It was going to be a decent day after all, crew chief Todd Berrier thought to himself.
Actually, it was night. The 2007 Daytona 500 was well into its third hour and headed into overtime, adding two laps to its standard 200 so the 185,000 fans in attendance and a TV audience of 20 million could have a green-white-checkered finish. That was fine by Berrier, whose No. 29 Shell Chevy was knocking on the door of a surprisingly solid top-10 finish.
The Richard Childress Racing team had not had a Daytona Speedweeks to write home about. The No. 29 car in particular had been strangely slow for nine days, qualifying poorly and forced to start the race way back in 34th position. Not exactly the way you want to introduce the world to a new sponsor.
When the car started showing some signs of life in Saturday's final practice session, someone was kind enough to inform driver Kevin Harvick that no one had ever won the Great American Race from as far back as 34th. His starting spot was, in fact, one position worse than the all-time record, set by Bobby Allison in 1978.
"Well," the man they call Happy replied with more than a little attitude, "good for Bobby."
When the green flag dropped Feb. 18, Harvick made a first green-flag run that would have made Allison proud, jetting from 34th to 10th in the first 10 laps. By Lap 81, nearing the race's halfway point, he even slipped into the lead for three laps.
But the unpredictable nature of restrictor-plate racing soon began tossing the No. 29 around like a beach ball. He fell as far back as 18th and climbed as high as fifth. By the race's end, NASCAR's laser-guided loop scoring system would record that Harvick had passed 244 cars and that 232 cars had passed him back.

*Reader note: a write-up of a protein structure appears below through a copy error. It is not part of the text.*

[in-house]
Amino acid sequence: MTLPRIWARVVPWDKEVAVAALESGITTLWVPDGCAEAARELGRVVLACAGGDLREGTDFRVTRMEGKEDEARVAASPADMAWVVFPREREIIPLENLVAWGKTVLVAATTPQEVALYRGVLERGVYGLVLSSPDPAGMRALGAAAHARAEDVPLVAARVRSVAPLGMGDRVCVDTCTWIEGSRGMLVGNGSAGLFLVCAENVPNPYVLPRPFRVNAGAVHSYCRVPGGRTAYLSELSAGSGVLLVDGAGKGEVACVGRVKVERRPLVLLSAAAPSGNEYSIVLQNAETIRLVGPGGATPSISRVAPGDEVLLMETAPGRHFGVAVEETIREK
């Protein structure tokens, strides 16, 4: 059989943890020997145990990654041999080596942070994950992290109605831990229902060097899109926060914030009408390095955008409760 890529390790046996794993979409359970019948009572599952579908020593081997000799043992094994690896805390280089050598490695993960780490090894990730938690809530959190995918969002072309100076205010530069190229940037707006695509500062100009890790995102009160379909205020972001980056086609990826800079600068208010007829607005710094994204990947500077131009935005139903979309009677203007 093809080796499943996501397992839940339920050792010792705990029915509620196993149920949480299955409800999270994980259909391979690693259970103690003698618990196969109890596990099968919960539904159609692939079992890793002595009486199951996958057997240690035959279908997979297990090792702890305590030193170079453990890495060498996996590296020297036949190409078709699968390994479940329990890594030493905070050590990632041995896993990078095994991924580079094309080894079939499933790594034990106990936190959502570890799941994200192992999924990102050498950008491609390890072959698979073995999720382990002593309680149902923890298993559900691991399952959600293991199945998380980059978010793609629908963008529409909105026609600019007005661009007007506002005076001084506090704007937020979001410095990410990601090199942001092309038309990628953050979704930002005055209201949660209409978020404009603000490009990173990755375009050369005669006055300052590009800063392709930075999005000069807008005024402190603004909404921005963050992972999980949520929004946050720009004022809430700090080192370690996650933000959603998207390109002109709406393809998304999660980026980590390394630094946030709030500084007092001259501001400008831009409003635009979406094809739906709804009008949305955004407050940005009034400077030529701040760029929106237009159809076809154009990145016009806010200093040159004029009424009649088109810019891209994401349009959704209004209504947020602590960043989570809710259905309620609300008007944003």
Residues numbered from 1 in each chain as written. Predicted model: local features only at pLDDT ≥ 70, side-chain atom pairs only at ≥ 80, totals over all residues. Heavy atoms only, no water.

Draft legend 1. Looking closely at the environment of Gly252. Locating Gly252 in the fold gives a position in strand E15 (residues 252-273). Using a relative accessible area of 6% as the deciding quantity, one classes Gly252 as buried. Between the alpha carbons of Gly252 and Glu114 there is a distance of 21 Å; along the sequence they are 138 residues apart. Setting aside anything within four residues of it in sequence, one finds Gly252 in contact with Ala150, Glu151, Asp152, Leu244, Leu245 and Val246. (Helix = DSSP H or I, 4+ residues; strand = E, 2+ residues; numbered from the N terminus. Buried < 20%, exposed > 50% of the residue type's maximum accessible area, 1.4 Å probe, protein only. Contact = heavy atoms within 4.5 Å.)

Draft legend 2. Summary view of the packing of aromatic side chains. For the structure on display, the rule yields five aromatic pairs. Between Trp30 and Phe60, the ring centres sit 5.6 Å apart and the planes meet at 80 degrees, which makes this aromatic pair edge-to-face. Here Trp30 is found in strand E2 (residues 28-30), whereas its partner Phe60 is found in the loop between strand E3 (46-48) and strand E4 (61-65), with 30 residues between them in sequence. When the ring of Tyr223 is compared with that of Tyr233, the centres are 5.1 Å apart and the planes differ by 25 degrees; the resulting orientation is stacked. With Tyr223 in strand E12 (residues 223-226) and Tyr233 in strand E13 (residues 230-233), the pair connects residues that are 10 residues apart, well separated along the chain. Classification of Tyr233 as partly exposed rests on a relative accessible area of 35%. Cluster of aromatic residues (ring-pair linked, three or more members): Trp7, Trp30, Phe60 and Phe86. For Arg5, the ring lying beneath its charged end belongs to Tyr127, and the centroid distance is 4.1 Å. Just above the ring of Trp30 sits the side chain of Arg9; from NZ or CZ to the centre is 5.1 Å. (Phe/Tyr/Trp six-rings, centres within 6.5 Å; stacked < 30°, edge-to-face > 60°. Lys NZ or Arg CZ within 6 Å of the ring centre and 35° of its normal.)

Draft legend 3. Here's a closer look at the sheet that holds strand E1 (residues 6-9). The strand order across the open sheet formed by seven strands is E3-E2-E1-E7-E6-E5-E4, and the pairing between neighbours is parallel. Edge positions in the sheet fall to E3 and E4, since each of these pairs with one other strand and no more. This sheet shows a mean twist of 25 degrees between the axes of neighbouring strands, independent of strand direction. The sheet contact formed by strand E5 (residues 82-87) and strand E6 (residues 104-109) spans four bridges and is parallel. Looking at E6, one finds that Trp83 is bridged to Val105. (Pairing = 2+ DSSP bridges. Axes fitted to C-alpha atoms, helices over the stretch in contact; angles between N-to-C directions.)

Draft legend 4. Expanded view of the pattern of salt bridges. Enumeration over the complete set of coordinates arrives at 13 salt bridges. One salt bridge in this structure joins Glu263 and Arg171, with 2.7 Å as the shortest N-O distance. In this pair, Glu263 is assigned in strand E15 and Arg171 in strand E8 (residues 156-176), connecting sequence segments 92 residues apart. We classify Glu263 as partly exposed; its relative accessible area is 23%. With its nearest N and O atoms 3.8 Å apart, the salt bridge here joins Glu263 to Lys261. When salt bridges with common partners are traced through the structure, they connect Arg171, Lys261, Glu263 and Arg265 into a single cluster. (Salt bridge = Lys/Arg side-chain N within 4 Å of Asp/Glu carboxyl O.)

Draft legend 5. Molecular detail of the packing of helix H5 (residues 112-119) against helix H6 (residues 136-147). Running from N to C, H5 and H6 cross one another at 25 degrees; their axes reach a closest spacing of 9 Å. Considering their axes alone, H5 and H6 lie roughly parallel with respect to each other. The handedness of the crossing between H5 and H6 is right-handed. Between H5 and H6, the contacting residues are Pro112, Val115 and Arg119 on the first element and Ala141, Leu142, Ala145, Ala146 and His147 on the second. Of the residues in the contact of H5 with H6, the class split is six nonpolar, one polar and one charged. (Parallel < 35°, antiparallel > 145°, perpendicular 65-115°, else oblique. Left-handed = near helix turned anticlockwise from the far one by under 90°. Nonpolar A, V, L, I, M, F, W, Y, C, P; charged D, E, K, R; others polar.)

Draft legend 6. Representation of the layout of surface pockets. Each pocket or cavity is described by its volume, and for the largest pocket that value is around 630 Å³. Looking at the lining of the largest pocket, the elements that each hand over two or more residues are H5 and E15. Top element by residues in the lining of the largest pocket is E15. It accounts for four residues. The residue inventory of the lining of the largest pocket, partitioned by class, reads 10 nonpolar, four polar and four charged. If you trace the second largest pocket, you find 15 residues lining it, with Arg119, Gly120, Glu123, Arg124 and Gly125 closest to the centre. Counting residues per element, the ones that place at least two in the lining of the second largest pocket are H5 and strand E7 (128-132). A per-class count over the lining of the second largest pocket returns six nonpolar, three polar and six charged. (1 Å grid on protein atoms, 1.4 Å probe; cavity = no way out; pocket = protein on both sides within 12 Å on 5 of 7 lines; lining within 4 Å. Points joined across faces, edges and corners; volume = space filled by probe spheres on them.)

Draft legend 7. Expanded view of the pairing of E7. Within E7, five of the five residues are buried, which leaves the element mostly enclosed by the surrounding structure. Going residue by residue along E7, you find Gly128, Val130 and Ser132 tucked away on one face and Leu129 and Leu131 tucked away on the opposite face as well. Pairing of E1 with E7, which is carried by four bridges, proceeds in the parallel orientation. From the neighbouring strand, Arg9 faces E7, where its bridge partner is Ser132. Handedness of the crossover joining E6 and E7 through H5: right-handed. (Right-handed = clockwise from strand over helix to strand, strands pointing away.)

Thanks to the plate, that was pretty much the same story for every car in the field. Well, with at least one exception.
Mark Martin had been trying to retire for five years. He'd even gone as far as to leave Roush Racing, where he'd become a living NASCAR legend, winning 35 Cup races and more Busch Series events than any other person who ever walked the face of the planet. Now he was behind the wheel of the No. 01 U.S. Army Chevrolet, a car owned by a team that had long been the lovable loser of stock car racing. Until the previous summer, it had been known as MB2 Motorsports, but now it was Ginn Racing, rejuvenated by new owner and golf resort guru Bobby Ginn.
It was Ginn who had convinced 48-year-old Martin to jump in his ride, enticing him with an a la carte part-time schedule, a chance to work with a pack of young and hungry drivers and, oh yeah, a ton of cash.
Few drivers have enjoyed the kind of respect and admiration of his peers Martin has. And not just his peers; he's one of the select handful of racers who has long been greeted with practically zero boos during the prerace popularity contest that is driver introductions. Since Dale Earnhardt's death and Rusty Wallace's retirement, Martin had become the go-to guy for career and driving advice for every young racer in the garage -- including Harvick. Yet despite all the accolades, all the race wins, all the IROC titles, Martin had resigned himself to his title of "best driver never to win a Cup championship."
Like Harvick, Martin had started in the back of the pack for this, his 23rd Daytona 500. Like Harvick, Martin had worked his way up to the front. But unlike Harvick, his climb had been steady and slow. He'd started the race 26th and had fallen to 29th by Lap 10. By Lap 30, he was up to 21st. By Lap 100, he was running 14th. Fifty laps later, he was in the top 10, and with 20 to go, he was in the lead.
"You could feel the crowd realizing what was happening," crew chief Ryan Pemberton admitted after the race. "When he went into the lead, there was a cheer. Then, he just stuck up there. Every real race fan knew that he'd never won a championship and that he'd never won the Daytona 500. And as far as anyone knew, this might be his last shot."